Colour accessibility contrast example

  • Don’t be too subtle. If using coloured lines, make them thicker. People with milder degrees of CVD can see colour as long as there’s enough of it.
Colour accessibility underlining example

Top colour accessibility tools

There are lots of excellent tools to help make sure online designs are as accessible as possible in terms of colour. While there aren’t as many for printed designs, the practices are largely transferable. Below are a few of our favourite resources and tools.

  • Web Content Accessibility Guidelines (WCAG). This is a great place to start for website design as it covers a range of recommendations, including colour criteria standards.
  • Stark. This is an excellent colour simulator with a free version that allows you to see the main three types of CVD. It integrates with Adobe XD as well as other software.
  • Who can use. This is an amazing tool that allows you to see the colour contrast, ratio, and WCAG compliance, as well as the percentage of the population who can access the design according to their type of CVD. It also provides a simulation, which is shown in direct sunlight and night-time modes.
  • Tanaguru contrast finder. This tool not only checks the colour contrast of a design, but also helps you choose a new colour if the contrast isn’t ideal.
  • Accessible colour palette builder. This provides a nice way to build up an accessible palette, checking up to six colours and how text contrasts.

This is by no means a definitive list, but it gives you our main go-to tools here at Door 22.

Colour accessibility doesn’t only apply to colour blindness

A final point for this colour edition of our Accessible Design series is that there are other audiences that require consideration in the use of colour, aside from people with CVD – the first two being dyslexic and autistic audiences.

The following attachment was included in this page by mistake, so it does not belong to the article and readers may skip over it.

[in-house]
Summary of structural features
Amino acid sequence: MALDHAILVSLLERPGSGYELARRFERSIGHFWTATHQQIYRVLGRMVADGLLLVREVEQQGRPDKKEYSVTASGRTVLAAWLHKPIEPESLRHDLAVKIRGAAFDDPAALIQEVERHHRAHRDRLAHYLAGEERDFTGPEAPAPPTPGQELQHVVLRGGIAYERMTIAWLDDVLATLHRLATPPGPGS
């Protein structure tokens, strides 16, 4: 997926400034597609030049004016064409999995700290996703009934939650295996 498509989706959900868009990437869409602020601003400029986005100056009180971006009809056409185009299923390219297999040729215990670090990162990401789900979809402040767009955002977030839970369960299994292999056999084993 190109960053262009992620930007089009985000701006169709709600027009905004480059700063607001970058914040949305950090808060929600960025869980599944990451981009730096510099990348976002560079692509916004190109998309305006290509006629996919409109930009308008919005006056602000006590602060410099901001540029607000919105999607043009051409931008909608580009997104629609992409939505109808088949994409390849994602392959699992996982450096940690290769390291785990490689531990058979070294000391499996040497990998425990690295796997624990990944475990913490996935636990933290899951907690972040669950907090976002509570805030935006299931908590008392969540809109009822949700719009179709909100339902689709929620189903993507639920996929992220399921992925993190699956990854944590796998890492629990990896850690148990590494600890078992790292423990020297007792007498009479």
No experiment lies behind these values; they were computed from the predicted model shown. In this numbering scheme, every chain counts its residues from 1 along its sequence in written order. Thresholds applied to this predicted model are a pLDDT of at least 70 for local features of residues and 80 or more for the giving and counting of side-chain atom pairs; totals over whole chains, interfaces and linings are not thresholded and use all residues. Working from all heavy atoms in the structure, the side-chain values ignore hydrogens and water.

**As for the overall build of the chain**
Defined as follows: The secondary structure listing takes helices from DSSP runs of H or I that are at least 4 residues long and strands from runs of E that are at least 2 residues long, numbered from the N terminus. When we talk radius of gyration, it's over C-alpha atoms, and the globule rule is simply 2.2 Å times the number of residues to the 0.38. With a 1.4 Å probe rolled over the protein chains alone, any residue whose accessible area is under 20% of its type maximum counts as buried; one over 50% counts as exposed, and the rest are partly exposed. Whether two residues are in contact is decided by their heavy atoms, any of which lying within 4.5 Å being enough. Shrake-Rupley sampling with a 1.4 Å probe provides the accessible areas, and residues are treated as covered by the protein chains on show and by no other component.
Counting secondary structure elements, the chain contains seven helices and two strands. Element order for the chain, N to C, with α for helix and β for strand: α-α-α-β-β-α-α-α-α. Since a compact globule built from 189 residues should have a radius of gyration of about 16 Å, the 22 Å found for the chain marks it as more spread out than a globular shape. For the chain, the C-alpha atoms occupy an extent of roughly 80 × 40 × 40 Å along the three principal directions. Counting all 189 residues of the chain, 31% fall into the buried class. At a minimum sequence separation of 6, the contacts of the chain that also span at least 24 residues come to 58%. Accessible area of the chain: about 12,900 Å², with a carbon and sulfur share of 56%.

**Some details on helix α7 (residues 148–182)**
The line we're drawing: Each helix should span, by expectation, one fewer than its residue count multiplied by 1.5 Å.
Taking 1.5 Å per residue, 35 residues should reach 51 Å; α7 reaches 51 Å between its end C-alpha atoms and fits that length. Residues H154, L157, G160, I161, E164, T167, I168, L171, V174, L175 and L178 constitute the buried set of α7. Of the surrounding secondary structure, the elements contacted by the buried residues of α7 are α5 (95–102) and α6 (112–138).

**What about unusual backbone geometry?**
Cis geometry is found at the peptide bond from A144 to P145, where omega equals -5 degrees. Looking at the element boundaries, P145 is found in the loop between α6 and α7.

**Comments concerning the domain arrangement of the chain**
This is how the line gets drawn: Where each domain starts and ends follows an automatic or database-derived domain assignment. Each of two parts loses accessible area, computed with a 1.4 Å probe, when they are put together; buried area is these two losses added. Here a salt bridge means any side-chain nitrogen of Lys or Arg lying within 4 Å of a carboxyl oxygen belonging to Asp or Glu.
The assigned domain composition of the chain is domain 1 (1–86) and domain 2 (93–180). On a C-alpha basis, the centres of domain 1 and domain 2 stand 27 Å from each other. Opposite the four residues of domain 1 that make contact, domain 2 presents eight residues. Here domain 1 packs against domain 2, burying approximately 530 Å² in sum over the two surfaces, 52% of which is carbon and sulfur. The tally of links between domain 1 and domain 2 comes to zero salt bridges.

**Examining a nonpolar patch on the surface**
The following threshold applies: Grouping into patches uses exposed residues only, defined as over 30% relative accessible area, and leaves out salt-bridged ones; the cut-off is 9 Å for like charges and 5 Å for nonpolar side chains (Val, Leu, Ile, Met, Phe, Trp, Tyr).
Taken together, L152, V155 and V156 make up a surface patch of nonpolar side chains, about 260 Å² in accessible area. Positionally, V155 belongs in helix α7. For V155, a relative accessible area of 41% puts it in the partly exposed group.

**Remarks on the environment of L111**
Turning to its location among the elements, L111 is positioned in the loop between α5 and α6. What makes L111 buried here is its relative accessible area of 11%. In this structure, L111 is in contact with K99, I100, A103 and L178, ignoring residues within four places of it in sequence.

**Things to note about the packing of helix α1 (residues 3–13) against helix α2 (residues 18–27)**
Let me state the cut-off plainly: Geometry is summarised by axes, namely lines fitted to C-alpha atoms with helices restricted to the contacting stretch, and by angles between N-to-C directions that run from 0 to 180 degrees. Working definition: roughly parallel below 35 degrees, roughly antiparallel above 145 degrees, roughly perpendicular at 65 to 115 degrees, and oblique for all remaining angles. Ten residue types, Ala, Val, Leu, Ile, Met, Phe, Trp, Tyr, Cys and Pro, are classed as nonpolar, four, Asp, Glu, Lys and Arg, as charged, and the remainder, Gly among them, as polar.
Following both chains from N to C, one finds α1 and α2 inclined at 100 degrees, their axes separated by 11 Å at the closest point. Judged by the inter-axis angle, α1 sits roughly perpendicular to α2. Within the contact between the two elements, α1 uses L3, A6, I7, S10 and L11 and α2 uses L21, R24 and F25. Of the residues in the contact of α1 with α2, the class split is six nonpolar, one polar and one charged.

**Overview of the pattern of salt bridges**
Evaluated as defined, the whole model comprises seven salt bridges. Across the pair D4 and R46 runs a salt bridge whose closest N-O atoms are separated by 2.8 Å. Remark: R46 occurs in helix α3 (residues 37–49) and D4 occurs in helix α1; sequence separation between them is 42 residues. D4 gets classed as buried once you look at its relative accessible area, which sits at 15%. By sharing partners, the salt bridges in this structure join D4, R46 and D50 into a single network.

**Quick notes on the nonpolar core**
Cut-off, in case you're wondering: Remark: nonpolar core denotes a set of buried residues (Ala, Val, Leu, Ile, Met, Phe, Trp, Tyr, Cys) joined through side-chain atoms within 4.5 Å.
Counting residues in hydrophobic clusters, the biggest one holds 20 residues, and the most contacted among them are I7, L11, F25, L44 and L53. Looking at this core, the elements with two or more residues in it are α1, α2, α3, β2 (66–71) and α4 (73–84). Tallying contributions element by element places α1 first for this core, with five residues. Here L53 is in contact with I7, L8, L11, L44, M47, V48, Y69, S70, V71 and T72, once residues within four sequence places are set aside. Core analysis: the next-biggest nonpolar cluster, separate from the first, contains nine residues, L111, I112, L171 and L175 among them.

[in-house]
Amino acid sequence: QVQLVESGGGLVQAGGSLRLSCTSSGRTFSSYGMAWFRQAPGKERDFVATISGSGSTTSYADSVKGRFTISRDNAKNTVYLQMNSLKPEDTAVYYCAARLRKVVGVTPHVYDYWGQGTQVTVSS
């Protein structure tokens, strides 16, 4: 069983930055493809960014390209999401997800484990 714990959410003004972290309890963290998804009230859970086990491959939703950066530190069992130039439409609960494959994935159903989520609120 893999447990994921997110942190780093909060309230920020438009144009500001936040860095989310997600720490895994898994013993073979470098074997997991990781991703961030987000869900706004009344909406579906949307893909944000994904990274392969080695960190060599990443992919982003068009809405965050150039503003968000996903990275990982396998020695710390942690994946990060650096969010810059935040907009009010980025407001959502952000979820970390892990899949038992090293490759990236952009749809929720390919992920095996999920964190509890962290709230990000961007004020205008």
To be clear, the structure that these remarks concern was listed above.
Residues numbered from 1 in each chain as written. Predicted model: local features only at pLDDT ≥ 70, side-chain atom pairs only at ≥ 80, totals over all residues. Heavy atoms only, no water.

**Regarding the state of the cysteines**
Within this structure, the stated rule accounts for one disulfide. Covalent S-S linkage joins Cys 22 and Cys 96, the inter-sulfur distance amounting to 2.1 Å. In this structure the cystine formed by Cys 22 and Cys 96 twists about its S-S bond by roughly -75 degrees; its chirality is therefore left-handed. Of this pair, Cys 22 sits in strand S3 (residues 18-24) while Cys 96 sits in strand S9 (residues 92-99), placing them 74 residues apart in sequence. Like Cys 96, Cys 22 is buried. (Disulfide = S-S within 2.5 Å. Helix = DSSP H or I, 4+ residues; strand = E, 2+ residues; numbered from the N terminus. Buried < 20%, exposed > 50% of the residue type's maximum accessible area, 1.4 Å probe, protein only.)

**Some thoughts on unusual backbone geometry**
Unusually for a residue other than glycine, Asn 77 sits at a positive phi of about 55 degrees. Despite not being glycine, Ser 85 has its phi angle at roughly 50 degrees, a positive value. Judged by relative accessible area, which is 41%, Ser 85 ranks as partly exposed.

The British Dyslexia Association provides a really useful guide, which explains that the one of the main things to bear in mind is background colour. Consider alternatives to white backgrounds for both online and offline use. White can appear too bright, so a soft tone like a pastel colour or cream would be preferable.

When considering colour for people on the autistic spectrum, it’s important to use simple colours and not bright contrasting colours that are distracting and too visually noisy.

Finally, awareness of cultural connotation, meaning and symbolism should always be considered when thinking about colour accessibility. It’s always worth researching and getting to know the intended audience before selecting colourways. For example, the colour red is associated with happiness and prosperity in China but symbolises mourning in South Africa. ‘The Meaning of Colors in Cultures Around the World’ provides a nice insight into how symbology and colour can mean very different things from culture to culture.

So, as you can see, there’s a lot more to consider when choosing colours than just what ‘looks nice’. Colour accessibility can be a challenge, but having an understanding of what it is and how to approach it in design leads to providing a more inclusive experience for everyone. Our role as a design agency is to give all of the aspects in this blog full attention when working on a design so we can make colours accessible to as many people as possible. And, let’s face it, by making something easier to read and digest, you’ll get far more engagement from your target audience. 

If you’d like to know more about how we make colours accessible, then just drop us a line. We’d love to chat.